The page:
The new quasiparticle, described in the Feb. 27, 2014, issue of Nature and featured on the journal's cover, is a microscopic complex of electrons and holes in a new, unpaired arrangement. The researchers call this a "quantum droplet" because it has quantum characteristics such as well-ordered energy levels, but also has some of the characteristics of a liquid. It can have ripples, for example. It differs from a familiar liquid like water because the quantum droplet has a finite size, beyond which the association between electrons and holes disappears.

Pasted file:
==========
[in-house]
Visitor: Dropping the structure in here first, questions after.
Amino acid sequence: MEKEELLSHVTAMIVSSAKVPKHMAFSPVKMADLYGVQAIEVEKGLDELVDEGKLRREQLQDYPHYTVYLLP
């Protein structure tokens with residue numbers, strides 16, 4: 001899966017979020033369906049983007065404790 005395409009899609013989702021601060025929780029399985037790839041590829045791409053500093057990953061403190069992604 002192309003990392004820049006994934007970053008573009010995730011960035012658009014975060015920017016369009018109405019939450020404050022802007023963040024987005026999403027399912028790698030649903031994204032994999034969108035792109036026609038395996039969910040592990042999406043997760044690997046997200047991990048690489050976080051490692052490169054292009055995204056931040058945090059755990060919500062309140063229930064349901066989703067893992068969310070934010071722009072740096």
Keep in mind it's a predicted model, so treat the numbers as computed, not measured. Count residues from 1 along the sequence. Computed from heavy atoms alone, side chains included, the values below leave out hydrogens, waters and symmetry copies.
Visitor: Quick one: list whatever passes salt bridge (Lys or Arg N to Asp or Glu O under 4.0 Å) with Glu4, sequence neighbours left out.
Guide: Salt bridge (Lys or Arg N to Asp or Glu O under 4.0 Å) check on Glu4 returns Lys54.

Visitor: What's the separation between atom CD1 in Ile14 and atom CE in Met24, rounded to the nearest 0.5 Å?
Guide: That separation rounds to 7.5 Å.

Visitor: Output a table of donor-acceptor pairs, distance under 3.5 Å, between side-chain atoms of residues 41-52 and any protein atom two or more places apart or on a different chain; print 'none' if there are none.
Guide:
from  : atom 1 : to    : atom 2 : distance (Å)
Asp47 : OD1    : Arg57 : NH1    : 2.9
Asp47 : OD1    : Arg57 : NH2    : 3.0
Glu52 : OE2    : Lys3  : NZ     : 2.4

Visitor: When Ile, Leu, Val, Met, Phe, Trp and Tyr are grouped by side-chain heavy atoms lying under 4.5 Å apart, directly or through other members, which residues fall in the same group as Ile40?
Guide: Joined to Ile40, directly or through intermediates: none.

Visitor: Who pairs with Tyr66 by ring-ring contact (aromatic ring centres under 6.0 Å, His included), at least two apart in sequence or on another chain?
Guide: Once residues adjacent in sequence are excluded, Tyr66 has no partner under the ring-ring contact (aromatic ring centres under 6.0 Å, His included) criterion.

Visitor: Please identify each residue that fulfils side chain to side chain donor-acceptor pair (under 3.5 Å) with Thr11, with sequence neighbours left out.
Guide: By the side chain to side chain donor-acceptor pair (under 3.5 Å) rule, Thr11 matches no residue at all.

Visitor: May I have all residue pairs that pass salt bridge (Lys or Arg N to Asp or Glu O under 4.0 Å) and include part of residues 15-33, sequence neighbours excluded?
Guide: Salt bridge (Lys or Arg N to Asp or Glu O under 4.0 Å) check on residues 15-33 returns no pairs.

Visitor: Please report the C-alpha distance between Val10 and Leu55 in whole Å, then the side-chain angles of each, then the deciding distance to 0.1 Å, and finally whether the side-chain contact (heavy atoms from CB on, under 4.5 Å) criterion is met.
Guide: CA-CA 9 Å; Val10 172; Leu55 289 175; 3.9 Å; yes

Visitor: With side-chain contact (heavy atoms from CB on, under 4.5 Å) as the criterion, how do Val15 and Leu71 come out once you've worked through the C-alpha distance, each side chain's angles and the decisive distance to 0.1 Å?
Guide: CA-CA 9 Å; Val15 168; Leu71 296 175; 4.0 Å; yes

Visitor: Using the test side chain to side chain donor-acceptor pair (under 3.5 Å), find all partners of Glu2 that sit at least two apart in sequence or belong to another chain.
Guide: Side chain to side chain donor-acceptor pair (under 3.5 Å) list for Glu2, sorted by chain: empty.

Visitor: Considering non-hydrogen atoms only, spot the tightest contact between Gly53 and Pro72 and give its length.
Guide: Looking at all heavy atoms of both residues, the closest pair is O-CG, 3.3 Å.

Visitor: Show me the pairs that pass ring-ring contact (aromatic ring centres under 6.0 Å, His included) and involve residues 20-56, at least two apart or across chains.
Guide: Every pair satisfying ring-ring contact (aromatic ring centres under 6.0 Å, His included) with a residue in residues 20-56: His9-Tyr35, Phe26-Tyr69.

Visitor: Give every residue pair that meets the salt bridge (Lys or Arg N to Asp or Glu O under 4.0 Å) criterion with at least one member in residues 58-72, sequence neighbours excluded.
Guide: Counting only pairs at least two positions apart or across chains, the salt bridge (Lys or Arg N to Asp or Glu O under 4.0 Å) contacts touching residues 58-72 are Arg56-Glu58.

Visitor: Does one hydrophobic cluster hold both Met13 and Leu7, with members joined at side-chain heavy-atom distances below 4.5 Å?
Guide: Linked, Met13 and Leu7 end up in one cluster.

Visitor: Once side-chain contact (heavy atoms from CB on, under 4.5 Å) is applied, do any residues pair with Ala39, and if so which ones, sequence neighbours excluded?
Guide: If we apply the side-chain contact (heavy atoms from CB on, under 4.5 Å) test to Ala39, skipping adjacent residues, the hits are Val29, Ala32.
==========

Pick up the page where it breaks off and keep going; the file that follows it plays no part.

Although its lifetime is only a fleeting 25 picoseconds (trillionths of a second), the quantum droplet is stable enough for research on how light interacts with specialized forms of matter.

"Electron-hole droplets are known in semiconductors, but they usually contain thousands to millions of electrons and holes," says JILA physicist Steven Cundiff, who studies the properties of cutting-edge lasers and what they reveal about matter. "Here we are talking about droplets with around five electrons and five holes.

"Regarding practical benefits, nobody is going to build a quantum droplet widget. But this does have indirect benefits in terms of improving our understanding of how electrons interact in various situations, including in optoelectronic devices."